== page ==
In lieu of the final exam, you may take a 30-minute oral exam. You must meet with me before November 10 to discuss this option.


Grades will be determined as fairly as possible. See my Evaluation page under Grades for more information. The final grade for the course will consist of the following:

• research paper


Participation is a significant part of this course.

See my Evaluation page under Participation

for more information and instructions.

final exam


midterm exam


• discussion starter(s)


• participation (including pop quizzes)




You may earn extra credit any time during the semester.

•   Submit a paper consisting of 700–1,000 words relating something from popular culture (e.g., movie, play, TV show, book, any performance) to a particular course topic (consult the instructor).

•   The paper should be mostly critique (not mere summary or description).


The instructor reserves the right to make the final determination concerning any extra credit. You can earn a maximum of 5% toward the final grade. You may write more than one, if you wish, but you will not receive more than 5% total in extra credit.


Required books

Grondin, Jean. Introduction to Philosophical Hermeneutics. New Haven: Yale Univ. Press,1994.


Recommended books (* = highly recommended)

Dilthey, Wilhelm. Introduction to the Human Sciences. Vol. 1 of Selected Works. Edited by Rudolf A. Makkreel and Frithjof Rodi. Princeton: Princeton University Press, 1989.

_____. Poetry and Experience. Vol. 5 of Selected Works. Edited by Rudolf A. Makkreel and Frithjof Rodi. Princeton: Princeton University Press, 1985.

Gadamer, Hans G. Philosophical Hermeneutics. Translated and edited by David E. Linge. Berkeley: University of California Press, 1976.

* _____. Truth and Method. New York: Crossroad, 1989.

Heidegger, Martin. Sein und Zeit. Tübingen: Niemeyer, 1986; Being and Time. Translated by John Macquarrie and Edward Robinson. New York: Harper & Row, 1962.

* _____. On the Way to Language. Translated by Peter D. Hertz. San Francisco: HarperSanFrancisco, 1971.

Makkreel, Rudolf A. Dilthey: Philosopher of the Human Studies. Princeton: Princeton University Press, 1992. (magisterial work; the definitive survey of Dilthey)

_____. Introduction to Descriptive Psychology and Historical Understanding, by Wilhelm Dilthey. Translated by R. M. Zaner and K. L. Heiges. The Hague: Nijhoff, 1977.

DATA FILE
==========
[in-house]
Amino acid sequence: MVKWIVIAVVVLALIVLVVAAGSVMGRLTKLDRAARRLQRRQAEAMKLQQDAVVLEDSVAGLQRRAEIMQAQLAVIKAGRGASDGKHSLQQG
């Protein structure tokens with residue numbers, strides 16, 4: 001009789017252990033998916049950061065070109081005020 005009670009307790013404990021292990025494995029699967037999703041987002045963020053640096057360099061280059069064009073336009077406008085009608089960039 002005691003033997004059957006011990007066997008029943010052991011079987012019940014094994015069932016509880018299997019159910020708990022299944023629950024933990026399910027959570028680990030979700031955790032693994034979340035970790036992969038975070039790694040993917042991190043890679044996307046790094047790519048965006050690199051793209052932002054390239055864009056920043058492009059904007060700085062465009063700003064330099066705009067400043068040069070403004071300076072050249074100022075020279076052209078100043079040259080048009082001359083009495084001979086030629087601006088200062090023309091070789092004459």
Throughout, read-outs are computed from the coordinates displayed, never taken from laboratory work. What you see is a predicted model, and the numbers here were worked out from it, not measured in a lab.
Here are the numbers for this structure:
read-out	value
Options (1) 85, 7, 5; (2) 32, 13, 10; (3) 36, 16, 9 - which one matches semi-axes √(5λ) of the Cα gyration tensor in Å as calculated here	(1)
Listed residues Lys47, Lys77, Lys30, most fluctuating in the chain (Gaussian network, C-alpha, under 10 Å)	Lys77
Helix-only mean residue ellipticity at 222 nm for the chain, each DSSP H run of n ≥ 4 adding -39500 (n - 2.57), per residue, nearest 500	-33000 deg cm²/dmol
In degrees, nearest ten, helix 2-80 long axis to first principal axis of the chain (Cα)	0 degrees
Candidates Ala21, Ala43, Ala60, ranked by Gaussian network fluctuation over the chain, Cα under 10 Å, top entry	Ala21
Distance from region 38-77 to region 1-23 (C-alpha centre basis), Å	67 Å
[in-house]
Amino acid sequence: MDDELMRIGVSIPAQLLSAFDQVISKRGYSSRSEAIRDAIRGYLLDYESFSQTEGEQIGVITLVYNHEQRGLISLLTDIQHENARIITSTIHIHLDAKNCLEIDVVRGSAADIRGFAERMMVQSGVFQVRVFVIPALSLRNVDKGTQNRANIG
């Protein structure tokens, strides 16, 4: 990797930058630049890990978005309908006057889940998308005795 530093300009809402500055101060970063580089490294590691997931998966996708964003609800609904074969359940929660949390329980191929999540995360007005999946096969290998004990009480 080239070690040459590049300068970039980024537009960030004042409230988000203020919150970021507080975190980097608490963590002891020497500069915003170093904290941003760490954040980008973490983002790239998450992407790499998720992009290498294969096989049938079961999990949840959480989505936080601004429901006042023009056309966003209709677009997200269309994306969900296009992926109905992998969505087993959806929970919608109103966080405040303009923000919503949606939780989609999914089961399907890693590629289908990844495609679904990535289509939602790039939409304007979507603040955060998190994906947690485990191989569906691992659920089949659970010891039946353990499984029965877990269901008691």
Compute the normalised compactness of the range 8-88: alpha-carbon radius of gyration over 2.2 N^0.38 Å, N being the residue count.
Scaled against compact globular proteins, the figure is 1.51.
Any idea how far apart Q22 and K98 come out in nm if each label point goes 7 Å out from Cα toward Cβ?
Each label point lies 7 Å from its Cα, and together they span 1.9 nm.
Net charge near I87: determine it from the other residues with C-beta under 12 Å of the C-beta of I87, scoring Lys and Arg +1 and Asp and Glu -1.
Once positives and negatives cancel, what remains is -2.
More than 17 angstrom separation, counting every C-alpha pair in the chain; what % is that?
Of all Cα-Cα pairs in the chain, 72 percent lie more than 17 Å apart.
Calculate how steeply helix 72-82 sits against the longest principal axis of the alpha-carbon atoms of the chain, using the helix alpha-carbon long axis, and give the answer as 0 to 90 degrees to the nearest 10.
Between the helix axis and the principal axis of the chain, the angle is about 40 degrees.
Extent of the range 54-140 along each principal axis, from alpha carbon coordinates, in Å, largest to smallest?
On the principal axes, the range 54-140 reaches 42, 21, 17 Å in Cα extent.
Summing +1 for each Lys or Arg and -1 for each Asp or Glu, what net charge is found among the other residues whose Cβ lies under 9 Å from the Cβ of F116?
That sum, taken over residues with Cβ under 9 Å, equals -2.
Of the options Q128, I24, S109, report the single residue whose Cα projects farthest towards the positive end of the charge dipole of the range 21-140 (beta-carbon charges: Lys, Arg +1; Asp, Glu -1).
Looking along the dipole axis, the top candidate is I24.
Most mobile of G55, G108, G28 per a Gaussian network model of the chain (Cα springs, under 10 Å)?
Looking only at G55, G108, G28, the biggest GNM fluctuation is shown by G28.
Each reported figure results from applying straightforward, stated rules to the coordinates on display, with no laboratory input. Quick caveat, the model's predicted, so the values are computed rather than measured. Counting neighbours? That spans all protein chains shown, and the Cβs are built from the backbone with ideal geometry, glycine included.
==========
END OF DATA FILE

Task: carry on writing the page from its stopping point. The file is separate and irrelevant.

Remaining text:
Müller-Vollmer, Kurt. The Hermeneutics Reader: Texts of the German Tradition from the Enlightenment to the Present. New York: Continuum, 1985.

* Palmer, Richard. Hermeneutics: Interpretation Theory in Schleiermacher, Dilthey, Heidegger, and Gadamer. Evanston: Northwestern Univ. Press, 1969.

Ricoeur, Paul. Hermeneutics and the Human Sciences. Cambridge: Cambridge University Press, 1981.

* Strunk, William, Jr., and E. B. White. The Elements of Style. New York: Macmillan Publishing, 1979. (See my Resources page under Miscellaneous for the first edition of Strunk.)


Resources to consider

See my Resources page for helpful resources.

The Stanford Encyclopedia of Philosophy.

R-drive: course folder and the “NaFiles” folder

Course pages on my.westminster


Keeping in touch

During the semester check your e-mail regularly for messages regarding course matters (e.g., changes in the syllabus). Visit and reload (refresh) this page for updates to the syllabus; see also my homepage for other information and resources related to the course. Please feel free to make an appointment any time about any course matters.


Tips from former students

For some practical advice from former students, see the tips page.


One last word . . .

Regardless of how demanding all of this is, I promise to be as fair as possible. I recognize that you will be very busy this semester pursuing various obligations and passions. I understand. I have my passions too, e.g., my family, music, philosophy, nature, mountain biking, fixing things, food. But I am also very passionate about education, both yours and mine—I mean not just the business of acquiring knowledge but more importantly the total development of honorable human beings. I do not require you to share my excitement about all the things we will cover, but I do expect you to do your best to complete the requirements for the course. To help you do that, I will make myself available outside the class time and the office hours. I will be glad to help you when you are struggling with an assignment. Or if you have any questions, concerns, complaints, and even compliments, I will do my best to take the time to listen and offer my response. Keep in mind that I am here to help you learn. So again, welcome to Religion 312: Text and Meaning.

Course schedule MWF 1250–1350     PH 328new

REL 312

= required

+ = in the library (Please do not check them out.)

bold = primary text(s) for presentation or class (discussion)

> = recommended / suggested

Week 1


Aug 31M

Sep 2

Sep 4